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Cerebellar Haemorrhagic Stroke

Learning objectives

  • Causes of Cerebellar haemorrhage
  • Clinical presentation
  • Diagnosis and management
  • Role of surgical intervention

Introduction

Bleeds are usually unilateral and hemispheric. Some may need urgent neurosurgical input with clot evacuation for compression and/or shunting for acute obstructive hydrocephalus. It is a cause of acute usually non transient vertigo with other symptoms

Location

  • Midline: lesions can damage deep cerebellar nuclei and pontine compression with related signs
  • Lateral: Unilateral and Hemispheric (better prognostically) as less brainstem (pontine) compression. The more lateral the bleed the better

Causes

  • Hypertensive rupture of small penetrating vessels
  • Amyloid angiopathy, Cocaine
  • AV malformations, Tumours with haemorrhage
  • Anticoagulants / Coagulopathies
  • Spinal surgery, Spontaneous intracranial hypotension

Clinical

  • Abrupt onset of nausea, vertigo, headache, vomiting
  • Ipsilateral cerebellar signs and VI and VII nerve lesions
  • (Truncal) Ataxic gait unable to walk usually
  • Coma and pupillary abnormalities suggest compression
  • Neck stiffness and pain
  • Coma, loss of corneal reflexes, pinpoint pupils
  • Extensor plantars, Cheyne-stokes respiration

Poor outcome/Complications

  • Haematoma > 3 cm
  • Swelling and pressure on brainstem causing coma with increased pressure and reduced perfusion of brainstem
  • Acute Obstructing Hydrocephalus usually at IVth ventricle
  • Midline lesions
  • Intraventricular extension of bleeding
  • Low GCS

Investigations

  • FBC, Coagulation Screen (INR if on warfarin), U&E, LFTs
  • ECG and CXR if needed
  • Urgent CT head is usually diagnostic. Measure maximal diameter of bleed and look for early or developed hydrocephalus. Look for brainstem distortion and blood in ventricles.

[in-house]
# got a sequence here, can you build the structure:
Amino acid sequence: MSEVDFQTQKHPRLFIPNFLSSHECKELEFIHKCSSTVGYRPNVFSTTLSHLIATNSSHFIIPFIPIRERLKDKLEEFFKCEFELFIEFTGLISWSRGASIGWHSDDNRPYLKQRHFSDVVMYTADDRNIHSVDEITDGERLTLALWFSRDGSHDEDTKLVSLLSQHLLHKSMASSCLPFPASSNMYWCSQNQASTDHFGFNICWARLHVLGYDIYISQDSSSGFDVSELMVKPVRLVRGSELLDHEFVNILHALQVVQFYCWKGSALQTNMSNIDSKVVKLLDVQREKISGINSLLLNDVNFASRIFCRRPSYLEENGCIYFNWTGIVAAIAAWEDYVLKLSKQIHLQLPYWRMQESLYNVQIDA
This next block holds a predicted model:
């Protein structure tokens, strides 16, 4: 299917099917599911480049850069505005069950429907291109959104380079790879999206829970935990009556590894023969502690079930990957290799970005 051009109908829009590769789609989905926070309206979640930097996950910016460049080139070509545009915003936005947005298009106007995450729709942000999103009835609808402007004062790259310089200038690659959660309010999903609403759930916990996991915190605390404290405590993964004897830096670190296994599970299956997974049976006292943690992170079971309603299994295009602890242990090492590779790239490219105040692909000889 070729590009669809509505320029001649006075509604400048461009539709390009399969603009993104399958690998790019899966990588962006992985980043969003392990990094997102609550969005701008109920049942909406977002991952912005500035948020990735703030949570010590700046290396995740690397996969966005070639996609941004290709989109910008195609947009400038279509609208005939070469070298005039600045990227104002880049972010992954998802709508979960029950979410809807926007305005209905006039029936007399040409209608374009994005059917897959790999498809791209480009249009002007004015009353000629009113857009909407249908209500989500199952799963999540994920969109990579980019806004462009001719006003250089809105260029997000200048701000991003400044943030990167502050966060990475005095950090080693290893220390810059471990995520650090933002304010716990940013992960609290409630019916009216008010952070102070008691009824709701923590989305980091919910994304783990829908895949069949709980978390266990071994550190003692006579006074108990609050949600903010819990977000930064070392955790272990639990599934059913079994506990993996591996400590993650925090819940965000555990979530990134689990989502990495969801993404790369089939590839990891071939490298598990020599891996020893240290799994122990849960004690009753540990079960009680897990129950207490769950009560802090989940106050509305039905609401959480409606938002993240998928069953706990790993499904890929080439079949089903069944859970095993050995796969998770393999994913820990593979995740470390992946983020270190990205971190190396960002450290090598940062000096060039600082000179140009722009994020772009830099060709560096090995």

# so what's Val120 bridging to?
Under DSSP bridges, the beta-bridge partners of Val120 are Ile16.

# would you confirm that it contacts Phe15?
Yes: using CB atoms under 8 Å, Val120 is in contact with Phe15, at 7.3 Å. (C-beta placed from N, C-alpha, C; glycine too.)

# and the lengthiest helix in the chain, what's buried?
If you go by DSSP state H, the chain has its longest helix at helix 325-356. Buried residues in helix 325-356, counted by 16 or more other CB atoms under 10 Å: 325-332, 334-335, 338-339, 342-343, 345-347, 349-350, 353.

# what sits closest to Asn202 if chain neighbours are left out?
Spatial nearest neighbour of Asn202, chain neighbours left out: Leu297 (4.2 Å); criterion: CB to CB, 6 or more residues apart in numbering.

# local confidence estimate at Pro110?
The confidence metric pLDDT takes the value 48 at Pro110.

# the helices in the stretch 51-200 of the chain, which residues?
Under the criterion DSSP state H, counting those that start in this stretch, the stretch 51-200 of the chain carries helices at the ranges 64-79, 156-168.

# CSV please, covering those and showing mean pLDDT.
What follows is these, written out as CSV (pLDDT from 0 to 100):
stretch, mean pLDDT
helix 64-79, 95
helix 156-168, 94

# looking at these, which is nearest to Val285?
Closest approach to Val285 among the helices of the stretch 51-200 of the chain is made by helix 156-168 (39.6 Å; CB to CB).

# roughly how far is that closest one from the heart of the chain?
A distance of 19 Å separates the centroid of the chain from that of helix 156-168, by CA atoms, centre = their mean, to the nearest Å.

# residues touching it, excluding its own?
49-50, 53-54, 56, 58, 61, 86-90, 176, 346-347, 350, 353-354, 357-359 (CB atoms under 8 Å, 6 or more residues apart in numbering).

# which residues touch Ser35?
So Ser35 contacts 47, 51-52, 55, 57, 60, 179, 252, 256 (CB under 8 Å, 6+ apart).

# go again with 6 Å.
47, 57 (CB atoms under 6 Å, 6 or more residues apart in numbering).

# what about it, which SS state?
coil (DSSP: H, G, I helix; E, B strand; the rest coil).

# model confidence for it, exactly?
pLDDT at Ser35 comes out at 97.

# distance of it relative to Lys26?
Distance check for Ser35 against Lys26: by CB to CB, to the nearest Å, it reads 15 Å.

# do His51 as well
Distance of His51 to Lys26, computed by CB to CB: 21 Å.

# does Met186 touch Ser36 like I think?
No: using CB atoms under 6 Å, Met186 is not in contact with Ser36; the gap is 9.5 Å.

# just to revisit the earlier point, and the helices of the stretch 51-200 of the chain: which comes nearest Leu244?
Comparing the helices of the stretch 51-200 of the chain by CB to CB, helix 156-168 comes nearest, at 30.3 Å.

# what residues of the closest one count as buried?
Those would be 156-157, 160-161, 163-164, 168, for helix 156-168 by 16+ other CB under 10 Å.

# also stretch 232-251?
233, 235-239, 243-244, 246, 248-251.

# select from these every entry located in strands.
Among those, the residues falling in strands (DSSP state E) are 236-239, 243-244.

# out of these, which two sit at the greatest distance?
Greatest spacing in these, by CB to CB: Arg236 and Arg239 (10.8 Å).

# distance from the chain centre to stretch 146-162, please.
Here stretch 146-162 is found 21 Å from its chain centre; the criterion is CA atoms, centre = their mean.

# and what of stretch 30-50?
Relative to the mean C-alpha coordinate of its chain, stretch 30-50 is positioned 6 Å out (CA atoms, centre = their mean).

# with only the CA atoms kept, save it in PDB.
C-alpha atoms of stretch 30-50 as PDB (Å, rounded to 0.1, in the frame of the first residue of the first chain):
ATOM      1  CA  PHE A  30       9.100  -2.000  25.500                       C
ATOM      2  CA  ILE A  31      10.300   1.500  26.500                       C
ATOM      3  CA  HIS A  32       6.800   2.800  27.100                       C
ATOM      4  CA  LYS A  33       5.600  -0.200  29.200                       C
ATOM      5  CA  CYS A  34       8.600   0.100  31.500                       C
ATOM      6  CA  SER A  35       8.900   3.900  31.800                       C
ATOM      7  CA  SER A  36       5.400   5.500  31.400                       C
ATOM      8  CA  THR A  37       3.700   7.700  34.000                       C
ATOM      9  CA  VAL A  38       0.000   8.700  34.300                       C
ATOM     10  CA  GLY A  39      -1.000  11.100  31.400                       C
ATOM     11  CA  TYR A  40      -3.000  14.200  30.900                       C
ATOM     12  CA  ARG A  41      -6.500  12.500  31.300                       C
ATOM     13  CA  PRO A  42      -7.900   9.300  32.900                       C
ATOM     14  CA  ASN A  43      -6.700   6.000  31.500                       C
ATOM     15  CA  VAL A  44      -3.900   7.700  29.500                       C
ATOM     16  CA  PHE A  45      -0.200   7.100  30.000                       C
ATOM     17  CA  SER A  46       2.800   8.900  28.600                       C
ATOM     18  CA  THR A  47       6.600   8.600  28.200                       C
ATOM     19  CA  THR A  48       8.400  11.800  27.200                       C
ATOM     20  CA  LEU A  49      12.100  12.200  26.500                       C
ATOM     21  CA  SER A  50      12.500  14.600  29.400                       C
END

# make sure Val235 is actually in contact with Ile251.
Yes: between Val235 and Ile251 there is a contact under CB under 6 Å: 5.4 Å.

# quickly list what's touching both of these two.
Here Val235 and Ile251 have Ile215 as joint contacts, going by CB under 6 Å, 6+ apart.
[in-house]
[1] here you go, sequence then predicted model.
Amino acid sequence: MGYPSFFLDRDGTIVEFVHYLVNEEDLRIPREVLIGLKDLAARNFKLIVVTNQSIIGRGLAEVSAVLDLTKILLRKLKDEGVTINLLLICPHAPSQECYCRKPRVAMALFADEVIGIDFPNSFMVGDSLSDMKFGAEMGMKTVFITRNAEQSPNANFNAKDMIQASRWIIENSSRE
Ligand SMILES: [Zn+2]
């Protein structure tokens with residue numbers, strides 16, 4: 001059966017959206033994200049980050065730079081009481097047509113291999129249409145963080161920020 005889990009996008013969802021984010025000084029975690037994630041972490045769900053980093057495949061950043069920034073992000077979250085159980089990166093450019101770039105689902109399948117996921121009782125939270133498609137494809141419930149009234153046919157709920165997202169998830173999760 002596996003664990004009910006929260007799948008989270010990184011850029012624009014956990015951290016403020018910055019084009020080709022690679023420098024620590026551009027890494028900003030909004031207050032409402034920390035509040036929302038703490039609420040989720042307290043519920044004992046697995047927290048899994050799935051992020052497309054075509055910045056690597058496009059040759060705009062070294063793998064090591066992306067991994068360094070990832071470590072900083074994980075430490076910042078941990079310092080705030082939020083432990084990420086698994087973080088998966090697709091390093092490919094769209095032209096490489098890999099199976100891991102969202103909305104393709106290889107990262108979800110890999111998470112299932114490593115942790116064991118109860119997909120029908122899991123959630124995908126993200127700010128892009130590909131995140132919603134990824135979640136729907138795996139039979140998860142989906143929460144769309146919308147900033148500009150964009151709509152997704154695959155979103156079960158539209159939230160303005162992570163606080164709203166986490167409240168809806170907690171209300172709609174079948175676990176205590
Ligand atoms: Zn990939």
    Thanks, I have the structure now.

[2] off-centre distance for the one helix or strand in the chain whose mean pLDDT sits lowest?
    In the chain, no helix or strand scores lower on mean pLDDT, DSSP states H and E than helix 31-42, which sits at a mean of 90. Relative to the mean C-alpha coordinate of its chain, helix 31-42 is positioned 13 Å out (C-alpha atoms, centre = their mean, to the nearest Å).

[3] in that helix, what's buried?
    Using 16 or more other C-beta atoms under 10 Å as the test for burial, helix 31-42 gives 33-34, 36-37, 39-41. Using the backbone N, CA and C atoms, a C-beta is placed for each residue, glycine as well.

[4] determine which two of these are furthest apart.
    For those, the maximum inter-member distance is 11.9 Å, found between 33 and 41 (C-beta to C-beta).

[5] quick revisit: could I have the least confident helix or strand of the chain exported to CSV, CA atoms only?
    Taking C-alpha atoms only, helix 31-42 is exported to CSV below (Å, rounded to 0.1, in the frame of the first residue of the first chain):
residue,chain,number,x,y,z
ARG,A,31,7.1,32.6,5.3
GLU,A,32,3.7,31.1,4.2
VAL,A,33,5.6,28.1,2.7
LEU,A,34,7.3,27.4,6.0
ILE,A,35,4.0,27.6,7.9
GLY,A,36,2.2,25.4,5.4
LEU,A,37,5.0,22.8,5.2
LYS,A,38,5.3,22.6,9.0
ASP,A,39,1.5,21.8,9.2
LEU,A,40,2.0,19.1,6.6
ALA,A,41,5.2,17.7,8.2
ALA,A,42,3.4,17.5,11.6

• MRI may be performed if stable especially if there is suspect structural lesion

Management

  • ABC and consider ITU if appropriate in rapidly deteriorating or comatose patient usually as a bridge to surgery so take neurosurgical advice. There can be profound benefits from timely surgery in those where brainstem compression or hydrocephalus is imminent or in progress. If patient is awake with a near normal GCS(14/15) and the bleed is less than 3 cm and no sign of hydrocephalus then these patients may be managed conservatively with an option to operate with any deterioration but best to inform neurosurgeons so if needed they are familiar with the case. The operative choices may be Ventriculostomy and drainage with significant haemorrhage and hydrocephalus or Suboccipital craniotomy with clot evacuation is indicated in patients with reduced LOC and clot usually > 3-4 cm in diameter. Consider Mannitol 1 g/kg acutely as a bridge to surgical treatment in those with evidence of increased pressure.
  • Correct any coagulopathy e.g. Octaplex and IV Vitamin K or similar for Warfarin. Cautiously control any high BP. Discuss with neurosurgeons.
  • Admit stroke Unit and manage as any haemorrhagic stroke with monitoring for deterioration if not for urgent surgery.
  • Escalate in any change in condition. For those with significant coma, brainstem signs then end of life care may be indicated. Take expert advice.
  • Do not forget the role of good Multidisciplinary stroke unit care and rehabilitation as these patients can often do well with time and support.

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